This was a slight downgrade from when Mawar was considered a category 4 “super typhoon”, which means maximum sustained winds of 150 mph (241 km/h) or more. But it still posed an extreme danger to life and property.

The weather service warned of ‘extensive damage’ from a ‘triple threat’ of winds, torrential rain and potentially deadly 4-6ft (1.2-2m) storm surge, with dangerous waves of 20 to 30 feet (6 to 9 meters). He said the storm could hit Wednesday afternoon in the southern part of Guam, which lies west of the International Date Line and a day ahead of the mainland United States and Hawaii.

“It’s going to be a tough afternoon for us across the island,” Aydlett said. “So be careful.”

If Guam doesn’t take a direct hit, it will be very close, said Patrick Doll, the chief meteorologist for Guam’s weather service. Mawar is a Malaysian word meaning “rose”, he noted.

School buses picked up residents from community centers on the island and transported them to 11 elementary schools set up as shelters. Municipal workers in various villages warned residents to secure loose items in their yards and seek shelter immediately. Some spread the word over megaphones, while others took to social media. Power went off and on again as the rain and wind intensified, and authorities said nearly 900 people were in shelters.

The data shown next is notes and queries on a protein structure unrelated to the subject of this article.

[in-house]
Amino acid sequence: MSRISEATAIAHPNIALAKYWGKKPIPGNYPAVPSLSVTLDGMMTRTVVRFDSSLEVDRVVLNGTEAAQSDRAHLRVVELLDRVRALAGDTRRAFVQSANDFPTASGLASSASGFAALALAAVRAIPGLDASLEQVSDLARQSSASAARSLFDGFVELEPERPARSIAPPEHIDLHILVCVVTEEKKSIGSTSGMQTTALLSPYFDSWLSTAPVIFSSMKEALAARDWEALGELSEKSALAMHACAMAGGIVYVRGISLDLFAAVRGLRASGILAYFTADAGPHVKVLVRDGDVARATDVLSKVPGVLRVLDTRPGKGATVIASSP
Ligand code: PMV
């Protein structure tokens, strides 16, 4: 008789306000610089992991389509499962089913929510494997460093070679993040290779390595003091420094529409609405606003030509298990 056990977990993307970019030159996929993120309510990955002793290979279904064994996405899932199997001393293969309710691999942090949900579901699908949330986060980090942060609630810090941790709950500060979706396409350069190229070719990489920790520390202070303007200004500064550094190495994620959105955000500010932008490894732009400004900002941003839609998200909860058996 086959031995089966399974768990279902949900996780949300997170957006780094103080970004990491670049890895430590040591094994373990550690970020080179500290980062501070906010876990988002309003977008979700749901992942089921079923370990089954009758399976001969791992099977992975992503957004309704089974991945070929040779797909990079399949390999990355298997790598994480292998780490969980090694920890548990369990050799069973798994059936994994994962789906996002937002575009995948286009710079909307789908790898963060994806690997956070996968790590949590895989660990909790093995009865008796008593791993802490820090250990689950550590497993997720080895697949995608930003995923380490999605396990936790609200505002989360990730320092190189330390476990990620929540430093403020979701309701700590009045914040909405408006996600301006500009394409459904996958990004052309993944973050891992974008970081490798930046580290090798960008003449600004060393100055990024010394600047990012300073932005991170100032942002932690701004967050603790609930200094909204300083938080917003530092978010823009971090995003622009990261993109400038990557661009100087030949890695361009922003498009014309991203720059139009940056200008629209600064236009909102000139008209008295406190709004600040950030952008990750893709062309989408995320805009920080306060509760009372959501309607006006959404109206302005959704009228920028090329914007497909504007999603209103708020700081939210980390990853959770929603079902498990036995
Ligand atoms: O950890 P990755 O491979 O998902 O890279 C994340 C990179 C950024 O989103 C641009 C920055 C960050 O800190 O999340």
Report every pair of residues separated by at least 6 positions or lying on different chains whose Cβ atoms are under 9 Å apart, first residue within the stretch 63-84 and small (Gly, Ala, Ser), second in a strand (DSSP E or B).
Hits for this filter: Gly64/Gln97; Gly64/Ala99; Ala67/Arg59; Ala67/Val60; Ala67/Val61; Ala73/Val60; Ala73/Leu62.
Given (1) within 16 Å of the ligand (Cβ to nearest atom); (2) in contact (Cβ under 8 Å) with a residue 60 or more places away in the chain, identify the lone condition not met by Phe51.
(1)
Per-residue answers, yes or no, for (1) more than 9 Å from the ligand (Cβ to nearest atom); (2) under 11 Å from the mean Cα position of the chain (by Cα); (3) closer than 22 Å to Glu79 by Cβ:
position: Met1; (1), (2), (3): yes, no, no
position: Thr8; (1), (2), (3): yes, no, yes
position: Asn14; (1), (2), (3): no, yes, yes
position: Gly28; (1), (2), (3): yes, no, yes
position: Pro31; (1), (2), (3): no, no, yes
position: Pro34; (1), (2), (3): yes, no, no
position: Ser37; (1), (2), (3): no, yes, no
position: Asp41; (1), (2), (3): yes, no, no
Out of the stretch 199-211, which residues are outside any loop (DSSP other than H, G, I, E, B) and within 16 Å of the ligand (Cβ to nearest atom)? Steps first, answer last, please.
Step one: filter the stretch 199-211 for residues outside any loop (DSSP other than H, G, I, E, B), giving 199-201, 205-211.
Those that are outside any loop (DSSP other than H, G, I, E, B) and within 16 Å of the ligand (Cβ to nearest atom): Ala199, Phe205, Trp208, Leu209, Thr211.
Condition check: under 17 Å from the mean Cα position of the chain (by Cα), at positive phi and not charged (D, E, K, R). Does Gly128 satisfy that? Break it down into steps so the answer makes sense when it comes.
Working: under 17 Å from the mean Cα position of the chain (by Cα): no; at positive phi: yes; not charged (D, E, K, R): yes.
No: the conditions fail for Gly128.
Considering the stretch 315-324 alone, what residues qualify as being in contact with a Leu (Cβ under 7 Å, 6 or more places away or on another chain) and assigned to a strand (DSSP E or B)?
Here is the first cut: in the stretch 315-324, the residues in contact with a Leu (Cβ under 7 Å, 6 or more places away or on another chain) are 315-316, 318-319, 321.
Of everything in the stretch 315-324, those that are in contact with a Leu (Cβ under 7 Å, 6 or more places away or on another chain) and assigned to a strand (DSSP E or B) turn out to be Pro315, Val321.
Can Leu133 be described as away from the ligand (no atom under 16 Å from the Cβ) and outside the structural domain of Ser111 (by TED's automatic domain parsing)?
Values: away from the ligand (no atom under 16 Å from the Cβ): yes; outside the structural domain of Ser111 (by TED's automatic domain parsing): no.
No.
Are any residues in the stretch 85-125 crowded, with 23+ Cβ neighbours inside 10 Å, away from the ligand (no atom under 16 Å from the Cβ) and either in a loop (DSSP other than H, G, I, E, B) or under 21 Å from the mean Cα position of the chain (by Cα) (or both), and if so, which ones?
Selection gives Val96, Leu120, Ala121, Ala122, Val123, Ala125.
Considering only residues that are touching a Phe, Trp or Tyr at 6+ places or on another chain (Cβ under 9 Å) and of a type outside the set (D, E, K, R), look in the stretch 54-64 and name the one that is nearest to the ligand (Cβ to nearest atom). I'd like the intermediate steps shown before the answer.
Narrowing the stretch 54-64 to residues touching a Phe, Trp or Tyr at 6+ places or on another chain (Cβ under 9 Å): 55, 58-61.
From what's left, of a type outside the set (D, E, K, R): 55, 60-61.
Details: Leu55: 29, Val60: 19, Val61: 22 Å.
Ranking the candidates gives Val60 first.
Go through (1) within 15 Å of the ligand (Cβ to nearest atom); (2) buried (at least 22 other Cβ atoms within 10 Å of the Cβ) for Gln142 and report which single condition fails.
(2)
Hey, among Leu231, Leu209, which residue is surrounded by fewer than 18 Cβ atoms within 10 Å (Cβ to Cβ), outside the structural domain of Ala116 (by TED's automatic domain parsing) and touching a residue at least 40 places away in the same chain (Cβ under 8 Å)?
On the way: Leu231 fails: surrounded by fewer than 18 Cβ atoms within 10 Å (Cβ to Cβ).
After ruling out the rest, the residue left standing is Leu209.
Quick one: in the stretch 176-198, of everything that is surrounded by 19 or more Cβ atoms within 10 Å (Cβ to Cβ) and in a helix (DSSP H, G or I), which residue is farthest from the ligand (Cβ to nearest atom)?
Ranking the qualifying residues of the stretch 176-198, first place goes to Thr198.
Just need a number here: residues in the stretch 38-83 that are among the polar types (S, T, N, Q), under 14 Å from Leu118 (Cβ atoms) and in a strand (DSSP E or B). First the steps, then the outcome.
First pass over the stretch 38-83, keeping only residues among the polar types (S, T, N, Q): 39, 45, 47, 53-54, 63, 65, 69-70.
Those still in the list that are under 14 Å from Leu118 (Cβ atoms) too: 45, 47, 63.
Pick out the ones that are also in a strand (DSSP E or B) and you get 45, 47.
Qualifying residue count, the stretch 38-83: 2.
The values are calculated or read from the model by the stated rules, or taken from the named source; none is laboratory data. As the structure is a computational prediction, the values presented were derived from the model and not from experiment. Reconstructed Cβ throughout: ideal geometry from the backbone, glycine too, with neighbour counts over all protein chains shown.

Leon Guerrero urged residents in a YouTube post to stay calm and ordered the National Guard to help those in low-lying areas to evacuate, saying, “We are in the crosshairs of Typhoon Mawar. Act now.”

The storm was moving at 6 mph (10 km/h) but had an eye 17 miles (27 kilometers) wide, meaning people in the center of the typhoon could see calm conditions for more than three hours and conclude, way too soon, the worst is over, said doll. When the eye goes, winds can reach 150 mph (241 km/h) in minutes, so people should stay under cover until the government gives the go-ahead.

“People can say, ‘Hey, it’s over, we could go out and start cleaning up,'” Doll said. “It is totally false.

In low-lying Agat along the south coast, resident Reuel Drilon started getting ready on Friday and spent the weekend tying up patio furniture and garbage cans. Almost every house in the village, he said, has a mango tree – which authorities say could be pulled out of the ground and become roadblocks and deadly flying projectiles.